Monday, 26 July 2010
If you cut through the bluster and navigate your way around the blasé attitudes of the battle hardened members of Formula One’s travelling circus, the underlying feeling among the stakeholders of the sport must be that events at Hockenheim on Sunday marked a dark day for its integrity.
Let’s disregard the fact that I have a vested interest owing to the fact that I attempt to make a living from writing about it. I am one of the millions of people around the world who share a passion for Formula One, and the question I have found myself agonising over in the wake of Ferrari’s antics is this: Does this passion outweigh all feelings of what is right and wrong? Does it blinker me in such a way that I shrug my shoulders, seemingly in unison with many paddock insiders, and accept that this is how it goes? The short answer is that no, it doesn’t.
I was annoyed when I realised that Ferrari were engineering a situation that would lead to a manufactured change of leader. I cringed while Fernando Alonso, Stefano Domenicali and the team’s press office treated the entire F1 world like fools with lie after pathetic lie as they squirmed in front of the media. These feelings were to be expected after what had happened, what I didn’t expect, however, was having to watch respected experts from the paddock, notable members of the racing fraternity, attempt to justify it. Yes, they said, the team had contravened article 39.1 of the sporting regulations by instigating team orders that interfered with the result, but it didn’t really matter. This is just the way it goes in the “business” that is modern Formula One. This ridiculous attempt to justify what in any other sport in the world would be called match fixing, was the aspect that disturbed me the most.
The BBC received a number of scathing emails from various members of the public on its F1 forum. David Coulthard, a man who I hold in the highest regard for his usual no nonsense attitude in the face of his excitable colleagues, brushed off the concerns of the correspondents by advising us not to get “all tabloid” about a situation that “has gone on for years”. Was he being serious? The overwhelming majority of fans of the sport felt that they had been cheated, the fans who not only pay the wages of the pundits, but also of every other person involved at any level of the sport. These people, if they felt anything like I did, felt as though Ferrari had violated their rights as fans to watch a fair battle between two evenly matched drivers. The viewers wanted the people who are paid to enhance their viewing experience to listen to these concerns and take note. What they got instead was a verbal pat on the head from a bunch of analysts acting as if they were telling their younger siblings that Father Christmas doesn’t exist. As for the ridiculous assertion that it is ok because it has been going on for years, so have assault and fraud, and yet I don’t ever recall ‘it’s been going on for years’ being used as a successful defence for either.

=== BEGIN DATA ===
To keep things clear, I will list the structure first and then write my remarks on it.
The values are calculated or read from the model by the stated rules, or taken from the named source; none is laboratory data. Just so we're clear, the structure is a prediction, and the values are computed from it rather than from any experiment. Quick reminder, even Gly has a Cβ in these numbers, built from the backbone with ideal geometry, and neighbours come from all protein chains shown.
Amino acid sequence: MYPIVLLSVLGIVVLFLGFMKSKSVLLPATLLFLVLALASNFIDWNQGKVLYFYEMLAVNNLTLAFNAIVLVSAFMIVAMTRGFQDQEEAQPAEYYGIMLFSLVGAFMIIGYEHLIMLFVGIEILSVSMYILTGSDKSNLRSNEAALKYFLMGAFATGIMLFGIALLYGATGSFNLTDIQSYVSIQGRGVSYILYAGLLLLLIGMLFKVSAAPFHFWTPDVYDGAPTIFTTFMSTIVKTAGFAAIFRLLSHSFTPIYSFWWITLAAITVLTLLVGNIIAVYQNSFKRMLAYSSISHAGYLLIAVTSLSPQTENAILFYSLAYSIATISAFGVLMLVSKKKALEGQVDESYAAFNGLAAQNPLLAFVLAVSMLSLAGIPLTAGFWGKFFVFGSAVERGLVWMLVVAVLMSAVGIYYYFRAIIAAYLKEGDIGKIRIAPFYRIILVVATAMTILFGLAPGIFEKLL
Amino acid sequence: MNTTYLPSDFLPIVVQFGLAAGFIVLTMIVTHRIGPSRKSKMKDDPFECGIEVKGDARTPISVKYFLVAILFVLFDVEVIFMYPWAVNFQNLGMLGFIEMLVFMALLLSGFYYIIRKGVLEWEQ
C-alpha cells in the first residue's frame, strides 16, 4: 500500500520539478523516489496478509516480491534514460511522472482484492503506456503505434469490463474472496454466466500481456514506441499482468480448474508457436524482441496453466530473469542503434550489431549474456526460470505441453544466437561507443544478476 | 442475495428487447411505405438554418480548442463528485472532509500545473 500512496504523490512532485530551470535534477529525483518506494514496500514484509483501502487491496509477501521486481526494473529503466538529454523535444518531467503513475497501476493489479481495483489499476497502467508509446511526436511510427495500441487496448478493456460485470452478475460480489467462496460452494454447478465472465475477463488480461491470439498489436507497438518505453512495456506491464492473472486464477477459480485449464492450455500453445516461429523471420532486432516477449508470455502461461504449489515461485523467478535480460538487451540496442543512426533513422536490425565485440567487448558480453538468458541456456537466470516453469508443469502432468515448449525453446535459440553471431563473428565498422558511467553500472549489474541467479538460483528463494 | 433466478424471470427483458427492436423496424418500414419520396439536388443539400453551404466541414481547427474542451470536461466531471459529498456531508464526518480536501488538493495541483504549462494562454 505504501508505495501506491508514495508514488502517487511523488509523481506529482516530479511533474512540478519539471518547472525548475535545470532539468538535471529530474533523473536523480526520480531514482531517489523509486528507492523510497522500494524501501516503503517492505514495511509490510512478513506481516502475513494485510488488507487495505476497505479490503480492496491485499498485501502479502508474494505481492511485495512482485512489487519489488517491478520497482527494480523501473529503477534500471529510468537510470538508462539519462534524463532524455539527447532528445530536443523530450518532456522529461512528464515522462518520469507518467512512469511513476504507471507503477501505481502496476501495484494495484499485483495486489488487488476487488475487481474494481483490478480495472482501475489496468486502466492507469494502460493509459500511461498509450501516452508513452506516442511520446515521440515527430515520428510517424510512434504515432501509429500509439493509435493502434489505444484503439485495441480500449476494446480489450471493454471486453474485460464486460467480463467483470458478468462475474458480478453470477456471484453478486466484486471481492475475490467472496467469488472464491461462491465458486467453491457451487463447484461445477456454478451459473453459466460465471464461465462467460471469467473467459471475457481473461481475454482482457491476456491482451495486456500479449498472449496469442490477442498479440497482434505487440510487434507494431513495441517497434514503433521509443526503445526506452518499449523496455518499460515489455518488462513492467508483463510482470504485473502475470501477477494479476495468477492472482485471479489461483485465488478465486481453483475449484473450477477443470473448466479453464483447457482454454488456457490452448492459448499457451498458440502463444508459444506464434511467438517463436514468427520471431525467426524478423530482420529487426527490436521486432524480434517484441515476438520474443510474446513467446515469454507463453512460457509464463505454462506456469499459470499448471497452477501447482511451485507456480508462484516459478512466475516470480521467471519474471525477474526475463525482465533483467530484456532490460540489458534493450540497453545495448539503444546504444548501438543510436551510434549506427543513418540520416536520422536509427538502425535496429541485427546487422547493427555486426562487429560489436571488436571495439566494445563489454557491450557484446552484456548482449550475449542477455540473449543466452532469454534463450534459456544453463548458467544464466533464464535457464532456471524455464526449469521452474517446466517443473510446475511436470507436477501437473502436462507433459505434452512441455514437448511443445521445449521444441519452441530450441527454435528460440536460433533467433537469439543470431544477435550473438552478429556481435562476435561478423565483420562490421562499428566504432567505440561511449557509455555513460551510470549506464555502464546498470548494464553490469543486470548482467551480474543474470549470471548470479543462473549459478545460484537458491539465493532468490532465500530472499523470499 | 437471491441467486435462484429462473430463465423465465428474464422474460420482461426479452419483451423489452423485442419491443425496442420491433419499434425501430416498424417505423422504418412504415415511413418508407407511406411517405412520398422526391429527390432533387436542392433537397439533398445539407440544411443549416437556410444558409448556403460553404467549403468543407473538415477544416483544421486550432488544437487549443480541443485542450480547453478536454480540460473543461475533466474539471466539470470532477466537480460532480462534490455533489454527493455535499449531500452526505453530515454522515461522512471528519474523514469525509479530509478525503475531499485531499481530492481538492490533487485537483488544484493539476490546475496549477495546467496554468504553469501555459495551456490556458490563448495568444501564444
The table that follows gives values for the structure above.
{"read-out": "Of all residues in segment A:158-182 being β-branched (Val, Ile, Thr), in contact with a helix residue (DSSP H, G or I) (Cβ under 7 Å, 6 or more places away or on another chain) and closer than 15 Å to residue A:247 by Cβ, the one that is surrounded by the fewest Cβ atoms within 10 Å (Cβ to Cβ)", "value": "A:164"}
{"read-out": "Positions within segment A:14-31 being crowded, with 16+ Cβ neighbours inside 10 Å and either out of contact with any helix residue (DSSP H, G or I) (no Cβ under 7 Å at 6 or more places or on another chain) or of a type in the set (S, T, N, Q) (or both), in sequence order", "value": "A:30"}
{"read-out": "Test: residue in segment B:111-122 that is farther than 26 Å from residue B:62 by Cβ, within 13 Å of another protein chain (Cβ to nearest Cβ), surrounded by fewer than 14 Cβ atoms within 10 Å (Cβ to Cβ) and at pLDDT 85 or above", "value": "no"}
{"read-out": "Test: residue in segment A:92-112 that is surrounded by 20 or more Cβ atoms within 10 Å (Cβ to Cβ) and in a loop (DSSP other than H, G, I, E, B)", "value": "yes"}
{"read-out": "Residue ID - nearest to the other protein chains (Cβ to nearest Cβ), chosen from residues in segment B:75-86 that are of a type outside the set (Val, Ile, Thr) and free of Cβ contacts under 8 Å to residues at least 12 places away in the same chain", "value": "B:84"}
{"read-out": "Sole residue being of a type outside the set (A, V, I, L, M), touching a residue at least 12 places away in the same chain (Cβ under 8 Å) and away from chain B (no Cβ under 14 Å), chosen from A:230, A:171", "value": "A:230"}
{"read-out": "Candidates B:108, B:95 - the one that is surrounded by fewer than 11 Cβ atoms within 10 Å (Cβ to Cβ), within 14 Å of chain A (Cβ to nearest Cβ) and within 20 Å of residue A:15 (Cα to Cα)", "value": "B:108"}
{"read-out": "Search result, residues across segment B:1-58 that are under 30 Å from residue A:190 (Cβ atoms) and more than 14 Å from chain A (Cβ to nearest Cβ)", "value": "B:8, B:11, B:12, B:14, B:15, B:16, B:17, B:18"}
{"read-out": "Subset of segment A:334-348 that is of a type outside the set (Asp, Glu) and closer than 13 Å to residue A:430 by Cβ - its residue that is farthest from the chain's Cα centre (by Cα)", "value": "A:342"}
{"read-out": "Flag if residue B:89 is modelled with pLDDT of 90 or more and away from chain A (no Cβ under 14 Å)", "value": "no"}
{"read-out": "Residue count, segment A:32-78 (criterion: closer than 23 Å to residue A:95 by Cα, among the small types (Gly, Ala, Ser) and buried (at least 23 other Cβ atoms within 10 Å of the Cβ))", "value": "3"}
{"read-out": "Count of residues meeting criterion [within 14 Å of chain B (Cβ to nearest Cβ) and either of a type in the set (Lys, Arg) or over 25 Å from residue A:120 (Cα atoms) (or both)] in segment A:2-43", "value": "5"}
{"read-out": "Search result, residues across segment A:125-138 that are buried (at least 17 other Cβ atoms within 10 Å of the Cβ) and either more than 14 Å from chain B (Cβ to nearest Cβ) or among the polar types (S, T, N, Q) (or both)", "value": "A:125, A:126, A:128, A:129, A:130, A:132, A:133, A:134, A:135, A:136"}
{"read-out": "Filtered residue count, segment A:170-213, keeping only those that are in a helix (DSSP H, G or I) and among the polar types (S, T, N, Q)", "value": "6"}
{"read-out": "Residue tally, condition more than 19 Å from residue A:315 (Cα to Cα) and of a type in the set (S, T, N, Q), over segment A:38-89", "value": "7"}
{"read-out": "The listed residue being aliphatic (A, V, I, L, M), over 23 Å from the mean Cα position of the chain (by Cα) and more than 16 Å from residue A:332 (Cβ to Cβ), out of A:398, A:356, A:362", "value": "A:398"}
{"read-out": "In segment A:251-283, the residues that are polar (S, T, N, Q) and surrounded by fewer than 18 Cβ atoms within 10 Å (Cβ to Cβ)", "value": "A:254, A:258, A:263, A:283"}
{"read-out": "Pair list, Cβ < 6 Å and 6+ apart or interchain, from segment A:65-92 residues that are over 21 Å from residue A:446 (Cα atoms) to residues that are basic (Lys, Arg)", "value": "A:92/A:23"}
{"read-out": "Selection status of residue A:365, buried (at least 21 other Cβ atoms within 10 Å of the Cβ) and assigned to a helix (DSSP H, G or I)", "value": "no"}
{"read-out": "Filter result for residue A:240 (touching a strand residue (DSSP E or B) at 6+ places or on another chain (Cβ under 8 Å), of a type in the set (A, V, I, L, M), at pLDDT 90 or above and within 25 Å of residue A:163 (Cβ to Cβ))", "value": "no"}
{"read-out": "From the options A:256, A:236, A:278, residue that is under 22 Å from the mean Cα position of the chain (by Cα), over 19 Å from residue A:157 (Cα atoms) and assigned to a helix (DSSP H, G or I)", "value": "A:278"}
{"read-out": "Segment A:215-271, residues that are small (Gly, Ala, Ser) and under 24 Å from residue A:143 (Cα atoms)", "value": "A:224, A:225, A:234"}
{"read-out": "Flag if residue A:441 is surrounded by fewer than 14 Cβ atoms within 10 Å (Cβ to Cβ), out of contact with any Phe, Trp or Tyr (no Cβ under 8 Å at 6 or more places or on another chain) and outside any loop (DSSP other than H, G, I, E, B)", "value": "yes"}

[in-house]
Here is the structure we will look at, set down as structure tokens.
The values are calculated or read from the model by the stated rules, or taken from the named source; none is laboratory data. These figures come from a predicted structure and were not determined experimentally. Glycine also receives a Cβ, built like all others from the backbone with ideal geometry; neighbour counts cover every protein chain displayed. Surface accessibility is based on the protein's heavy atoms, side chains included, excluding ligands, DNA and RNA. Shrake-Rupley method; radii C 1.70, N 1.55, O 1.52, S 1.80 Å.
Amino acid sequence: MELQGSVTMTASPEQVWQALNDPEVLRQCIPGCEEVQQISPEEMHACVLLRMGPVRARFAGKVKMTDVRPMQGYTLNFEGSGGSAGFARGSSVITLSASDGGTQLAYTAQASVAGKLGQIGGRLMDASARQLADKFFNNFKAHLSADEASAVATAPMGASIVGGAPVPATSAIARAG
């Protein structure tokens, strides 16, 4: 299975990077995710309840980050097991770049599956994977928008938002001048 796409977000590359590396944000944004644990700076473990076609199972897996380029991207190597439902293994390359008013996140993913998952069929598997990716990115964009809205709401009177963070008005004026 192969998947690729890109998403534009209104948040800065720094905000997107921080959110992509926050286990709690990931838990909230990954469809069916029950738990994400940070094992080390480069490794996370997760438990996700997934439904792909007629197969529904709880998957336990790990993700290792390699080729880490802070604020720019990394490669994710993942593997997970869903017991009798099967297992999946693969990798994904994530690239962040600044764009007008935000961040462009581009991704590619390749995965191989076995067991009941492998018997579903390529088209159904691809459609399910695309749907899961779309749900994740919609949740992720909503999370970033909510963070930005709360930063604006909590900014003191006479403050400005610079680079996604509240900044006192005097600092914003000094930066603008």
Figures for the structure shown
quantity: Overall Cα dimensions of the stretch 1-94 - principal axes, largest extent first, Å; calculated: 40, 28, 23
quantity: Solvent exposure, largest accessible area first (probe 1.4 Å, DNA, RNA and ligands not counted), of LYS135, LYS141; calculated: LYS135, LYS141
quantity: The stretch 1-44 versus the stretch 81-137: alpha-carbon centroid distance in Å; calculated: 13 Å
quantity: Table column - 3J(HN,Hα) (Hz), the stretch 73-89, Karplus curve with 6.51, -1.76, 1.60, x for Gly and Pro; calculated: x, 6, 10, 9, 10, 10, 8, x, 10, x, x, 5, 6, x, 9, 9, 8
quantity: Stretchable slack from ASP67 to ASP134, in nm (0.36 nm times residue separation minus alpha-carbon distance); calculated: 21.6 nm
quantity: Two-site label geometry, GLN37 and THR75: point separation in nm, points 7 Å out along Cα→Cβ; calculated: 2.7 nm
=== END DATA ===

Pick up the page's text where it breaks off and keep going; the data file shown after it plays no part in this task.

Somewhere else on Sunday, I was listening to another expert explaining the pressure that was placed on a modern day Grand Prix team to attract sponsorship. This was being cited as a justification for the Scuderia's actions, a statement which was both factually correct and ridiculous in equal measure. Of course, teams need to raise huge sums from sponsors to keep themselves afloat, but a “modern” company places huge emphasis on corporate responsibility, and aligning any brand with a team that have been labelled cheats, whether rightly or wrongly, has become a huge turn off for marketing departments around the world, just ask ING.
In terms of Ferrari, it is evident from the blank spaces on the car, that they are not an organisation which faces the sort of budget constraints which mean that they need to convey a squeaky clean image. However, surely even Ferrari cannot afford to alienate the whole of the watching public who reside anywhere but Italy and Spain. It seems that they have learnt nothing from the battering that their reputation took in the fallout from the 2002 Austrian Grand Prix, a race which saw Rubens Barrichello forced to move aside for the Schumacher express to take a similar hollow victory. Michael himself was on hand yesterday to offer his support to his beleaguered former employers, insisting that he would have done the same, as it’s all about winning the World Championship. Erm, yes, we know you would Michael, you already have.